SHOSTAKOVICH | Symphony no. 9
DMITRI SHOSTAKOVICH (1906-1975)
Symphony no. 9 in E flat, op. 70
Dmitri Shostakovich was encouraged in his musical endeavours by a supportive mother. At the age of 12 he was admitted to the piano class at the St Petersburg Conservatory and looked set to follow in his mother’s footsteps and become a professional pianist. He was selected to compete in the International Chopin Competition in Warsaw in 1927, but much to everyone’s surprise, he was not even placed. That disappointment effectively ended Shostakovich’s aspirations to become a concert pianist. He took up composition studies and submitted a symphony as his graduation exercise. So well was it received at its first public performance in 1926, that Shostakovich was persuaded that his musical future lay in composing rather than playing the piano.
Shostakovich went on to write 15 symphonies, but for many he was seen to be tempting fate by writing more than nine. Beethoven’s Ninth was one of the most monumental works ever written and few composers since had dared either to exceed that number or approach their own Ninths with anything less than some grand plan. While working on the symphony he let it be known that it was going to be something grand, commenting to a Moscow reporter that “I would like to employ not only full orchestra but a choir and soloists.” Some colleagues even heard Shostakovich's early drafts for the symphony's first movements, and described them as “a triumphal heroic major which surged with energy”. But in the event Shostakovich’s Ninth, premiered in St Petersburg (then Leningrad) on 3 November 1945, was both lightweight and light-hearted.
The first movement follows the model of Haydn to an extraordinary degree even down to the delicate, dancing theme with which it begins. Of course the abrupt harmonic twists and turns, not to mention the use of such un-Haydnesque instruments as trombones and piccolo in a jaunty duet, show it to be equally strongly influenced by Shostakovich’s renowned sense of musical humour. In a more serious vein a solo clarinet opens the second movement, the mood here is bleak and desolate. The next three movements run without a break, the third movement taking the form of a frantic chase led by the clarinet and including a dazzling trumpet solo above galloping strings. The fourth movement is heralded by a solemn figure from the trombones and tuba, followed by a heart-felt lament from the bassoon. But on its second appearance, the bassoon suddenly gives up its tragic lamentation to dance into the fifth movement with which, complete with quotations from two of his earlier symphonies and a delightfully catchy tune boisterously belted out by the full orchestra at the end, ensured the symphony received warm applause from its first audience, despite their shock with what it was not.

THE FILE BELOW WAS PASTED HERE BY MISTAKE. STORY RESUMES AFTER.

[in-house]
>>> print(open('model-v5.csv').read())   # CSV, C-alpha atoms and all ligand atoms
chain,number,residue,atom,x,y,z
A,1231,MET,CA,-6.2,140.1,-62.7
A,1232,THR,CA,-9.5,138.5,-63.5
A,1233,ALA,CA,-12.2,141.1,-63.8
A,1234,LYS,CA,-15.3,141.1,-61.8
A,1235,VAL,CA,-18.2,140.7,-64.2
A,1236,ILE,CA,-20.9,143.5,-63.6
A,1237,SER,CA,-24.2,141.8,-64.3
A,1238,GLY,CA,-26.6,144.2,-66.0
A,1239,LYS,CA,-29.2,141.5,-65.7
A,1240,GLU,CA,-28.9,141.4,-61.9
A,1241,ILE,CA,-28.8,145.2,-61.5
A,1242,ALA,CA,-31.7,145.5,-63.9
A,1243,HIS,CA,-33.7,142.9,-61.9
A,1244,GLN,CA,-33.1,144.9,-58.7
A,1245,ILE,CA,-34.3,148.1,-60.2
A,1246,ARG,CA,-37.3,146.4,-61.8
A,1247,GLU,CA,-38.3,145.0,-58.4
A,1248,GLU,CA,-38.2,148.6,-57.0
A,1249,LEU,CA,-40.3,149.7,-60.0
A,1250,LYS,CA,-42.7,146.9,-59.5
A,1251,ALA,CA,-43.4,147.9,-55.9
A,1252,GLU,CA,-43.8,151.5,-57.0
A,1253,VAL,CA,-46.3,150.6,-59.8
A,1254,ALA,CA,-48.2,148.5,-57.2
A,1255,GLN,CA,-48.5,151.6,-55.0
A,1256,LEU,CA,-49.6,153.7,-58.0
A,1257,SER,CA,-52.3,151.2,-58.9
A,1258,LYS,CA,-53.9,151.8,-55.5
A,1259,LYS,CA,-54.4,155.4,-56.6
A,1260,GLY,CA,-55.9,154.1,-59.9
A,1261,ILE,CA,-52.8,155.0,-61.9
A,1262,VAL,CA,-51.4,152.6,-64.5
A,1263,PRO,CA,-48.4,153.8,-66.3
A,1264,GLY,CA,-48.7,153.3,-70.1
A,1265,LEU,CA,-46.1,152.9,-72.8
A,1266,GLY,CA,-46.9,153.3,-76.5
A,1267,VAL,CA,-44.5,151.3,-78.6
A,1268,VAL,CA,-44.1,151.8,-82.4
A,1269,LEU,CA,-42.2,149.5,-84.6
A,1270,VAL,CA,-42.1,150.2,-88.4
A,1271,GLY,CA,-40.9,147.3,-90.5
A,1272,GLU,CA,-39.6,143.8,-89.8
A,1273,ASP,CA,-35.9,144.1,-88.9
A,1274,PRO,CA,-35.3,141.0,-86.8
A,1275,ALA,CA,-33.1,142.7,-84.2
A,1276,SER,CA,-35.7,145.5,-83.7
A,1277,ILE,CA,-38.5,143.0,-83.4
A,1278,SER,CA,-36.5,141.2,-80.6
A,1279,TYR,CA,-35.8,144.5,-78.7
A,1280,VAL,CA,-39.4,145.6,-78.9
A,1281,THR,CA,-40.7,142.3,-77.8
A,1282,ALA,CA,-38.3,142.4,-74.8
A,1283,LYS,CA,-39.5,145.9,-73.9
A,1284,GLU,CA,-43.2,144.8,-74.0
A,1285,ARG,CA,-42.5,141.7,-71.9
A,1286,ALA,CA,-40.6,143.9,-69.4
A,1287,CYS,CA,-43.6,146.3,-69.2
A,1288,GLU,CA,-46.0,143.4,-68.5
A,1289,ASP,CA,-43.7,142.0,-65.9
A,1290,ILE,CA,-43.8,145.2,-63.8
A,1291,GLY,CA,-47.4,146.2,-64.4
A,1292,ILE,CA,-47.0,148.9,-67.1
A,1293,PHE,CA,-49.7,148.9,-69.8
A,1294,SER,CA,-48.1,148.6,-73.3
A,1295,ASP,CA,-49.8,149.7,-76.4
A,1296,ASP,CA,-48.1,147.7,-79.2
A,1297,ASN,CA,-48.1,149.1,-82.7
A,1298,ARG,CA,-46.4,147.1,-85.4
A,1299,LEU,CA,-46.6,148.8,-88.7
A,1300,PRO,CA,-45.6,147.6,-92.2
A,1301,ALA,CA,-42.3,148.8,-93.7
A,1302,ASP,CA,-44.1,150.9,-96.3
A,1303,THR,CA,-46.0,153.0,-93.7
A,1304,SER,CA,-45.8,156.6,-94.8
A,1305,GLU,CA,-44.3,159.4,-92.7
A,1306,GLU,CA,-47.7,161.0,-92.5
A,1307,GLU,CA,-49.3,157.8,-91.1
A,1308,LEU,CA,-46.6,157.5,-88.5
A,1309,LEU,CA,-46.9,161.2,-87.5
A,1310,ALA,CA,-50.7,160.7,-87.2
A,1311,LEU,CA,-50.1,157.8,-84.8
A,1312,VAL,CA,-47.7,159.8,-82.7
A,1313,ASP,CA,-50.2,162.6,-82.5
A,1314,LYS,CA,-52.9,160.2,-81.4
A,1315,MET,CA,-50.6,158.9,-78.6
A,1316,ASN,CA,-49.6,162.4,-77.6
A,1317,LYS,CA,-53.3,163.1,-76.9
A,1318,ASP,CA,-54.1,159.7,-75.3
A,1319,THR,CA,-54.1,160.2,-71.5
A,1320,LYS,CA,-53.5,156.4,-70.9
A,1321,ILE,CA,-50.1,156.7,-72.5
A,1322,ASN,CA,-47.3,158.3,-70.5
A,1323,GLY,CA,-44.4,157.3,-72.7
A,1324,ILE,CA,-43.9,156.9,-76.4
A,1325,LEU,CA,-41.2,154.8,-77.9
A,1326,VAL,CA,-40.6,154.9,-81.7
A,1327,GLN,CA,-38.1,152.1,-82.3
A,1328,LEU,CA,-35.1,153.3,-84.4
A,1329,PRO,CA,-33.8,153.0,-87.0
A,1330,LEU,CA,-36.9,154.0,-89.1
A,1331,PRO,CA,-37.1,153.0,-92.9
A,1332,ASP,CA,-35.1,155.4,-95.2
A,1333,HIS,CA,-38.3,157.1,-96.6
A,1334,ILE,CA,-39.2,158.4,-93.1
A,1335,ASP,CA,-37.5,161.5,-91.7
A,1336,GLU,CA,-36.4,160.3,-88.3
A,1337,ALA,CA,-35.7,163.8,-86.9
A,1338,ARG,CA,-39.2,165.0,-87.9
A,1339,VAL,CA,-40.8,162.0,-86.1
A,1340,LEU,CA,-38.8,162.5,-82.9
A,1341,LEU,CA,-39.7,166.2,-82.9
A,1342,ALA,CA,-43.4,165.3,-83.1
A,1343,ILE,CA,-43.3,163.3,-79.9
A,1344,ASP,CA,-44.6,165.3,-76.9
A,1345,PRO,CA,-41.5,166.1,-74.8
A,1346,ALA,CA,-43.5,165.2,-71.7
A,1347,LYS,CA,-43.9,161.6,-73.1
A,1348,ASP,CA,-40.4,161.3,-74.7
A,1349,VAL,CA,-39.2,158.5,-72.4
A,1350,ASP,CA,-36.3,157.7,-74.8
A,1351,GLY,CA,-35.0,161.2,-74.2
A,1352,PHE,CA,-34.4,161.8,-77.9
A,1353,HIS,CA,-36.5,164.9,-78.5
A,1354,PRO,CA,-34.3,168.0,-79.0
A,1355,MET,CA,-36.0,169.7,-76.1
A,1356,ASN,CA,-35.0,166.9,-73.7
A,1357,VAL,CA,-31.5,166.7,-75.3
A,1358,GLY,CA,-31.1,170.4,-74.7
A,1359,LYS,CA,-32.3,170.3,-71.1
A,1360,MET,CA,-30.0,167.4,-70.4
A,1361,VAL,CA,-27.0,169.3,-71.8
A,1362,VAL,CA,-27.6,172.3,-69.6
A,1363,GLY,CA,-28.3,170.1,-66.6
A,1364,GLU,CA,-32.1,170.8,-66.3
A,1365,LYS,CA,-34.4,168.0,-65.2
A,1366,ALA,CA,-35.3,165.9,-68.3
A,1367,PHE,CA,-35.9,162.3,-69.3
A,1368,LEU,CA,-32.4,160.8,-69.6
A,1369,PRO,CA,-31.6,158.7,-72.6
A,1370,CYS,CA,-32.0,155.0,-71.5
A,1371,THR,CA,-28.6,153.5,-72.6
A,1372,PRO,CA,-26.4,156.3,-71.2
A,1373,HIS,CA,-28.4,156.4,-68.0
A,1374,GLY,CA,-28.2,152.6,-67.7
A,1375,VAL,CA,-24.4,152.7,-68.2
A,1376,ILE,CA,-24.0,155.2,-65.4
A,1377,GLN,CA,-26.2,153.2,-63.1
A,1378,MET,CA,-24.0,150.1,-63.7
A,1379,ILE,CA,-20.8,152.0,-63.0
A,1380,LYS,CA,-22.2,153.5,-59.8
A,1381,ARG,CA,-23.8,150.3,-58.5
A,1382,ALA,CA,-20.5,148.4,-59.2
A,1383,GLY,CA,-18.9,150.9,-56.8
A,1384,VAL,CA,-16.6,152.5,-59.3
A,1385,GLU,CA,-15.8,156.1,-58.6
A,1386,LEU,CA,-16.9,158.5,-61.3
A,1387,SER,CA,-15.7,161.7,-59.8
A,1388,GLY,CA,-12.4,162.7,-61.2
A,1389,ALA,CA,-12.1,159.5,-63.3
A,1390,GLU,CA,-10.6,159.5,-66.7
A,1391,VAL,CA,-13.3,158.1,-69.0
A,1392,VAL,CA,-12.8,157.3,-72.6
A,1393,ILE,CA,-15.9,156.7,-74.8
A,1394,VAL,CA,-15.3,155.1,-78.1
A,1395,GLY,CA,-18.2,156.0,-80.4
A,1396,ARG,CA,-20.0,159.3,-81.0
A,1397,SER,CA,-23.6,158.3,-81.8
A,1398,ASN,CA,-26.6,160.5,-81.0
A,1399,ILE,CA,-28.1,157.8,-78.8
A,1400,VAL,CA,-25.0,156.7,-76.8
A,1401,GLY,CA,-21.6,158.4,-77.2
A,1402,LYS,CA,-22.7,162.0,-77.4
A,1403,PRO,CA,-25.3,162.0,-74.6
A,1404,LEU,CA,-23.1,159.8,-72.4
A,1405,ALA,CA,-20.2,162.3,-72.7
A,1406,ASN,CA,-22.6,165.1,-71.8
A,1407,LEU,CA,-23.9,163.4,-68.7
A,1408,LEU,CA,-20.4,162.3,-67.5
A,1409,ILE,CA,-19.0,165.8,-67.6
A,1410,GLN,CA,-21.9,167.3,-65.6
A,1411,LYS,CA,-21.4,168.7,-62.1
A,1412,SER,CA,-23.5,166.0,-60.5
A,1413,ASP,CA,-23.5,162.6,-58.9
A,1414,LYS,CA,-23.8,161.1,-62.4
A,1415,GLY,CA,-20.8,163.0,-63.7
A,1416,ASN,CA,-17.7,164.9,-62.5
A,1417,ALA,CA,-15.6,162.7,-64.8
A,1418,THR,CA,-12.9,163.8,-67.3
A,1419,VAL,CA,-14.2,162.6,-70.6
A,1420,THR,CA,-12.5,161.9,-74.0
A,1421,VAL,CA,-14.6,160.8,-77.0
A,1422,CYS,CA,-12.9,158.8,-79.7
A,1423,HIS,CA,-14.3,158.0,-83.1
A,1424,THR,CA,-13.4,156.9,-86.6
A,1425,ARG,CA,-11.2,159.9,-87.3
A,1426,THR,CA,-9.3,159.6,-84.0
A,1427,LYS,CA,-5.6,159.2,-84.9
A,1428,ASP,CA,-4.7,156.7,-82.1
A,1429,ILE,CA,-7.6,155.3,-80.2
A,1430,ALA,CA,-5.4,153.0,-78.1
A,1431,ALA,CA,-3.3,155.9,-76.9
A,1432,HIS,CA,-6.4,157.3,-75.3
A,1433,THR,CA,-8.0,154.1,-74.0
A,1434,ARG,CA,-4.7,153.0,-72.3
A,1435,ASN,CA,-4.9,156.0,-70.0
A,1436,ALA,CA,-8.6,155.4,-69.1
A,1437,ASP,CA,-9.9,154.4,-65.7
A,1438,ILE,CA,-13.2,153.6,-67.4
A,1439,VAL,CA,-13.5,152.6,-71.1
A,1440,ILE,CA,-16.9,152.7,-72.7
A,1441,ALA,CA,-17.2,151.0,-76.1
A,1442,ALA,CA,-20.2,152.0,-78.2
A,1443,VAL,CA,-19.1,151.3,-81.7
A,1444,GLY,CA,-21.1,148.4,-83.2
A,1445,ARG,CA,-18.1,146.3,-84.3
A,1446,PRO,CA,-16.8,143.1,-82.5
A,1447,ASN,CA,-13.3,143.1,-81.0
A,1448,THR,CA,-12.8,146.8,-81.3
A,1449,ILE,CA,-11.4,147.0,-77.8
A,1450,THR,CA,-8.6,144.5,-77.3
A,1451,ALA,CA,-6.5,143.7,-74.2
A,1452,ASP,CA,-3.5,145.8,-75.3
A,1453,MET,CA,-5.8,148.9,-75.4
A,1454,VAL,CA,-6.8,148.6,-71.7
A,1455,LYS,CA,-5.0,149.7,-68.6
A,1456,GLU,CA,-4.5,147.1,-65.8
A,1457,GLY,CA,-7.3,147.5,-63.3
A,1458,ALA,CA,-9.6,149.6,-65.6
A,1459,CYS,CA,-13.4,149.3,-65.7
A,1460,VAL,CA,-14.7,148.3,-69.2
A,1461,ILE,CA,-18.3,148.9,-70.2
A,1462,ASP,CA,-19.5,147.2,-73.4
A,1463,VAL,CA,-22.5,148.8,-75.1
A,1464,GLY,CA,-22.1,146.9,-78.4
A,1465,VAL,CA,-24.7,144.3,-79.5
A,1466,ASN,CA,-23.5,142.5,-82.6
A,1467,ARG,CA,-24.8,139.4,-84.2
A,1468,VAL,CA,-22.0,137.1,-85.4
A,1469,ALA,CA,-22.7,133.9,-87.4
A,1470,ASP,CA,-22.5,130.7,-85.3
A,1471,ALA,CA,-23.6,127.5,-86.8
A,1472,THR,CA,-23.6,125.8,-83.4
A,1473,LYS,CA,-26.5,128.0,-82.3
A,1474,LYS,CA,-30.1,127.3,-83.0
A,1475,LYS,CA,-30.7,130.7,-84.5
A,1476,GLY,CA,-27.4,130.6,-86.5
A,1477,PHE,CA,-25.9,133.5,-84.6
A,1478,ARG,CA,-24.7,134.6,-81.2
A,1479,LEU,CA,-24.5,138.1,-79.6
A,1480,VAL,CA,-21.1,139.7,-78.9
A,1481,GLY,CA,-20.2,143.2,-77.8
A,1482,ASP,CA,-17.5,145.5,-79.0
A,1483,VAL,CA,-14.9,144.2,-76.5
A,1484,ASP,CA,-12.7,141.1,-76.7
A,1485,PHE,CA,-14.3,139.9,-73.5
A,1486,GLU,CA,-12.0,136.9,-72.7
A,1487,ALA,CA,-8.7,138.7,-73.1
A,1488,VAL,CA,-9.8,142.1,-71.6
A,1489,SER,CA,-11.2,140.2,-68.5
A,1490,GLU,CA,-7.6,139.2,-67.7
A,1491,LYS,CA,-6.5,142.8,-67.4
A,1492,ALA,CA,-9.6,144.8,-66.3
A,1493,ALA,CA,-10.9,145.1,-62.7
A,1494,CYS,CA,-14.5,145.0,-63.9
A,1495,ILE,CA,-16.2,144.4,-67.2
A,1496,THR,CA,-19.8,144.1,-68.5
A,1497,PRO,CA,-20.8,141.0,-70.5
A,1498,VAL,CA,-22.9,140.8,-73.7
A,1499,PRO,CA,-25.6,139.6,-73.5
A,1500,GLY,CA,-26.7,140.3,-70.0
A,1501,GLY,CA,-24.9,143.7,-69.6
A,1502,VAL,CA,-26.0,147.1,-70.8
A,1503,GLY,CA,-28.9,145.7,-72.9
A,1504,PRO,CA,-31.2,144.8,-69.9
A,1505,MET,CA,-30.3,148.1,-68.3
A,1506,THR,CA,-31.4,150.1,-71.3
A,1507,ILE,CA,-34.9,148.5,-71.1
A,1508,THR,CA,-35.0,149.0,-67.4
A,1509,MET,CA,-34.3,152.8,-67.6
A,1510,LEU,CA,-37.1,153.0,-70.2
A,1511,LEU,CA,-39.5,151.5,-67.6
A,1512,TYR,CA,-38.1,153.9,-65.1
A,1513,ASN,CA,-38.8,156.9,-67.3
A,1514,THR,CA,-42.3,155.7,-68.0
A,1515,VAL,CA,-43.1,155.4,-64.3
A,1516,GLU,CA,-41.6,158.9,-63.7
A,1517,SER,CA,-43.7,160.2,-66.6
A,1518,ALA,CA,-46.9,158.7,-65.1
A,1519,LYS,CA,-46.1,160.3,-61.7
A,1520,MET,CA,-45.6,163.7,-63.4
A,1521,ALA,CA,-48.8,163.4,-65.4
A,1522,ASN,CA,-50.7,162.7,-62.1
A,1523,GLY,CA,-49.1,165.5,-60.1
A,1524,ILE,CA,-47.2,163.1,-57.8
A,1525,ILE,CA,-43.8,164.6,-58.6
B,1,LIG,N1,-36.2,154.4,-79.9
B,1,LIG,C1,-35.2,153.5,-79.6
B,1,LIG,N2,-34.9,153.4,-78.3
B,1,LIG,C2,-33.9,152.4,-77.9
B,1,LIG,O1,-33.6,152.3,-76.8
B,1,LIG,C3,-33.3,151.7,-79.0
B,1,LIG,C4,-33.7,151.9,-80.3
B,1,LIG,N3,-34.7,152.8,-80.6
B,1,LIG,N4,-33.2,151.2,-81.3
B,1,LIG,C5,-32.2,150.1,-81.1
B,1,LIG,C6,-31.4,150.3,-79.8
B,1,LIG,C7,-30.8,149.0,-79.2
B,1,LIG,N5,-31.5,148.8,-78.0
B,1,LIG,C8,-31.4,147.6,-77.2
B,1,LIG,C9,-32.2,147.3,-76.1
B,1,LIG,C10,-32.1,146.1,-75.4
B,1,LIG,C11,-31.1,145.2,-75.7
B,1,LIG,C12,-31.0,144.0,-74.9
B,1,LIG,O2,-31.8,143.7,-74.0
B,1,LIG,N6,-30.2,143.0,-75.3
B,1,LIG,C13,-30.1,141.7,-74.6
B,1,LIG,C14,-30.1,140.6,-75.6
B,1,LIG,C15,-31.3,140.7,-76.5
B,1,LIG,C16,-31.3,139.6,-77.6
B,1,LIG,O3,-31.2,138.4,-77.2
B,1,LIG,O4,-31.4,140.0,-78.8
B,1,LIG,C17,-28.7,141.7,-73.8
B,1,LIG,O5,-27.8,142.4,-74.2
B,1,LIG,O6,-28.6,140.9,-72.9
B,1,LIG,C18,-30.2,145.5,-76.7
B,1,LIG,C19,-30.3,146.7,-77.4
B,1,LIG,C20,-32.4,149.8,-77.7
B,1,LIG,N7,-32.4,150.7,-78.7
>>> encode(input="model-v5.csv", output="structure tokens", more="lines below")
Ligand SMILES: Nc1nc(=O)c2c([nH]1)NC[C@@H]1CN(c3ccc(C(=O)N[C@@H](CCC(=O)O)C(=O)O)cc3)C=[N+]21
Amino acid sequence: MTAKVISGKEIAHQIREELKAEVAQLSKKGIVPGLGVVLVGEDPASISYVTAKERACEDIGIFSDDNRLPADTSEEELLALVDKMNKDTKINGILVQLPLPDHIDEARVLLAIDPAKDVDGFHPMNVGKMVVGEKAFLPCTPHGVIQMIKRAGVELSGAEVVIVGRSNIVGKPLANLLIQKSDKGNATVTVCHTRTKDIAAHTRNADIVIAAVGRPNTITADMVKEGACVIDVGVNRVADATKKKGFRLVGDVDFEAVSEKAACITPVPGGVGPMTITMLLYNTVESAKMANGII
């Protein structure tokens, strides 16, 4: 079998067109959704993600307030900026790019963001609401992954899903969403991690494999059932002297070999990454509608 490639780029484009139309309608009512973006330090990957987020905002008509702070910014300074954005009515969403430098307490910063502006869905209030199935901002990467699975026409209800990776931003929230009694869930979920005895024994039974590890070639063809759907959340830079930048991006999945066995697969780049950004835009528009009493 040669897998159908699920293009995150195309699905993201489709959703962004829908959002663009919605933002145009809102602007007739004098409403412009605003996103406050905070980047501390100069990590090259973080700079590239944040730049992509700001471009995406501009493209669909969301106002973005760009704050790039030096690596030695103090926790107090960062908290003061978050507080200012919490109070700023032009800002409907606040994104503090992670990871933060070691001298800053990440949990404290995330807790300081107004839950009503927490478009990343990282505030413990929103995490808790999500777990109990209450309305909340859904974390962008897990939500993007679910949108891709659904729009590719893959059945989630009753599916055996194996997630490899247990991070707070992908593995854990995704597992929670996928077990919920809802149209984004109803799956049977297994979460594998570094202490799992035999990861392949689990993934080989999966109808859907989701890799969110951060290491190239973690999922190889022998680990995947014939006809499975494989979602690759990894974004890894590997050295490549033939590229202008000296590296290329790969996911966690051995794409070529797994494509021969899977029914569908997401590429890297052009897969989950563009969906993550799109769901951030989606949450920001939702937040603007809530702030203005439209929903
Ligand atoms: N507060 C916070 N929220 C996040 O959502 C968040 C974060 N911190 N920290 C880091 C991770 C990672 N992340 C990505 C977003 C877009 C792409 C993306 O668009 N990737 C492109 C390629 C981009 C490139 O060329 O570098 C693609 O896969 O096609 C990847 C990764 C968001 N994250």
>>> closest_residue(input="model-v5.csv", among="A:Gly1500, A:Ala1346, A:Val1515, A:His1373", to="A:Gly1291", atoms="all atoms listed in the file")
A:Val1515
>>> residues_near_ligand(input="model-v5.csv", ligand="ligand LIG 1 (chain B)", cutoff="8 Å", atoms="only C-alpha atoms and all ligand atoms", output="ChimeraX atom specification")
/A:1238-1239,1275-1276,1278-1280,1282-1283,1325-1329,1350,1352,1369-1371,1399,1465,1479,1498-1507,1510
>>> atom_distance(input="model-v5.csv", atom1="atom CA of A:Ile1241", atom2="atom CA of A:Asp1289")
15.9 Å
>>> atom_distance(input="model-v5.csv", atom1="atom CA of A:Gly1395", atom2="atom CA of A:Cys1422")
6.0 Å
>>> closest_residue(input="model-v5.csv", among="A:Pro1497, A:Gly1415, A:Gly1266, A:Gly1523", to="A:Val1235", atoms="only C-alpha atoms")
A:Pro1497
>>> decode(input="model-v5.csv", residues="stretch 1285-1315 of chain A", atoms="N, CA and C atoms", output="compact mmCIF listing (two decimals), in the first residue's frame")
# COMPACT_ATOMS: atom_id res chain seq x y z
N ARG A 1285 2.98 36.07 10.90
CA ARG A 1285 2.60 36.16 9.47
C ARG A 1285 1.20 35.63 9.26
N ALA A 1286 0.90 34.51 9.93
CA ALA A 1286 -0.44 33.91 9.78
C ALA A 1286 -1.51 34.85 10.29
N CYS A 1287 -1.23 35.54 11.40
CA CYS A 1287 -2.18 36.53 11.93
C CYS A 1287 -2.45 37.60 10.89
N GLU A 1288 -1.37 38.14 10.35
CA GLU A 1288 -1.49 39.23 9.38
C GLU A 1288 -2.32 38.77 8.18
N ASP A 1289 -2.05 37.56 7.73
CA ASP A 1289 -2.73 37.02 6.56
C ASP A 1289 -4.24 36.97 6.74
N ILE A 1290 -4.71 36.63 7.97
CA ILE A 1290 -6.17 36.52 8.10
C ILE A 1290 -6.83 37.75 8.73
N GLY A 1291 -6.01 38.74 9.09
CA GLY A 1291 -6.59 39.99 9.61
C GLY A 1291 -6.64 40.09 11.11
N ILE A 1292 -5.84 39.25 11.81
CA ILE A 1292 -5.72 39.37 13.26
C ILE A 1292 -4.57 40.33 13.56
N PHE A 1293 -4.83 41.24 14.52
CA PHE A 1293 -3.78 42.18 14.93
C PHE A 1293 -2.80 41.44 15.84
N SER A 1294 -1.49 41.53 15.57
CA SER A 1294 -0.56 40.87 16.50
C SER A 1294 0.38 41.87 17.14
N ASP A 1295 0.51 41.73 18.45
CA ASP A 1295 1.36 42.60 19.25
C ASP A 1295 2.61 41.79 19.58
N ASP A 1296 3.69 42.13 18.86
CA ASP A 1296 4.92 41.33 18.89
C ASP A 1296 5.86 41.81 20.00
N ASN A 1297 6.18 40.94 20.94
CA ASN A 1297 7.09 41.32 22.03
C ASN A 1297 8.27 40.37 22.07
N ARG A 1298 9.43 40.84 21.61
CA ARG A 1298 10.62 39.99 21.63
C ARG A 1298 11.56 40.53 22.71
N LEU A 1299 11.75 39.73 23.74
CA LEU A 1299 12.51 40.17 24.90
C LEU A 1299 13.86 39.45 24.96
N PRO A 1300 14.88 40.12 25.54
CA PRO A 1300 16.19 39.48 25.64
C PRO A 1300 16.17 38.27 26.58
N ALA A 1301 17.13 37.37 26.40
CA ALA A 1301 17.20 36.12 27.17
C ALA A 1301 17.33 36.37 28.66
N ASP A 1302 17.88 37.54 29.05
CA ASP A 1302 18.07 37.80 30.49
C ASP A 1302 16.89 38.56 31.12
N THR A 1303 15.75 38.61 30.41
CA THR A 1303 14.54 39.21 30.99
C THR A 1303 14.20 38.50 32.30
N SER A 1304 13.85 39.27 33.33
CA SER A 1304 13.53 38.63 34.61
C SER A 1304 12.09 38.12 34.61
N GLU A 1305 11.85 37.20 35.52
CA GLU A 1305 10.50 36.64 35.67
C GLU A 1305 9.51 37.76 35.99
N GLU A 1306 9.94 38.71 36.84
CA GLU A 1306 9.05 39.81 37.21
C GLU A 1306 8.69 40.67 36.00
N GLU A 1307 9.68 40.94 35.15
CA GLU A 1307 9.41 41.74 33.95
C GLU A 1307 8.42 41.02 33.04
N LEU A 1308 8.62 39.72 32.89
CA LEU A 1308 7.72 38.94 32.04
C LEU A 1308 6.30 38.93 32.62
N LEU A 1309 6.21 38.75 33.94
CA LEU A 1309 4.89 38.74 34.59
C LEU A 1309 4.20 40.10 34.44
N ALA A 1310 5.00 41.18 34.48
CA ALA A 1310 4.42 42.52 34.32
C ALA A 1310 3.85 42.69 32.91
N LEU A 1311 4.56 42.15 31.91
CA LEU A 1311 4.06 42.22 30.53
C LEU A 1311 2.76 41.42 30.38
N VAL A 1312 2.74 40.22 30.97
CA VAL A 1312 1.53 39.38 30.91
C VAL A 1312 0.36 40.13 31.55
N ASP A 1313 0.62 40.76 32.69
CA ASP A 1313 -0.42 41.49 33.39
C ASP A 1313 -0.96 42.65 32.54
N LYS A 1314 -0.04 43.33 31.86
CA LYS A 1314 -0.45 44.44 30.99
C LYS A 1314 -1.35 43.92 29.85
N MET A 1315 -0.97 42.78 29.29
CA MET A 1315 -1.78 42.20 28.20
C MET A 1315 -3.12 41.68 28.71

Programme notes by Dr Marc Rochester
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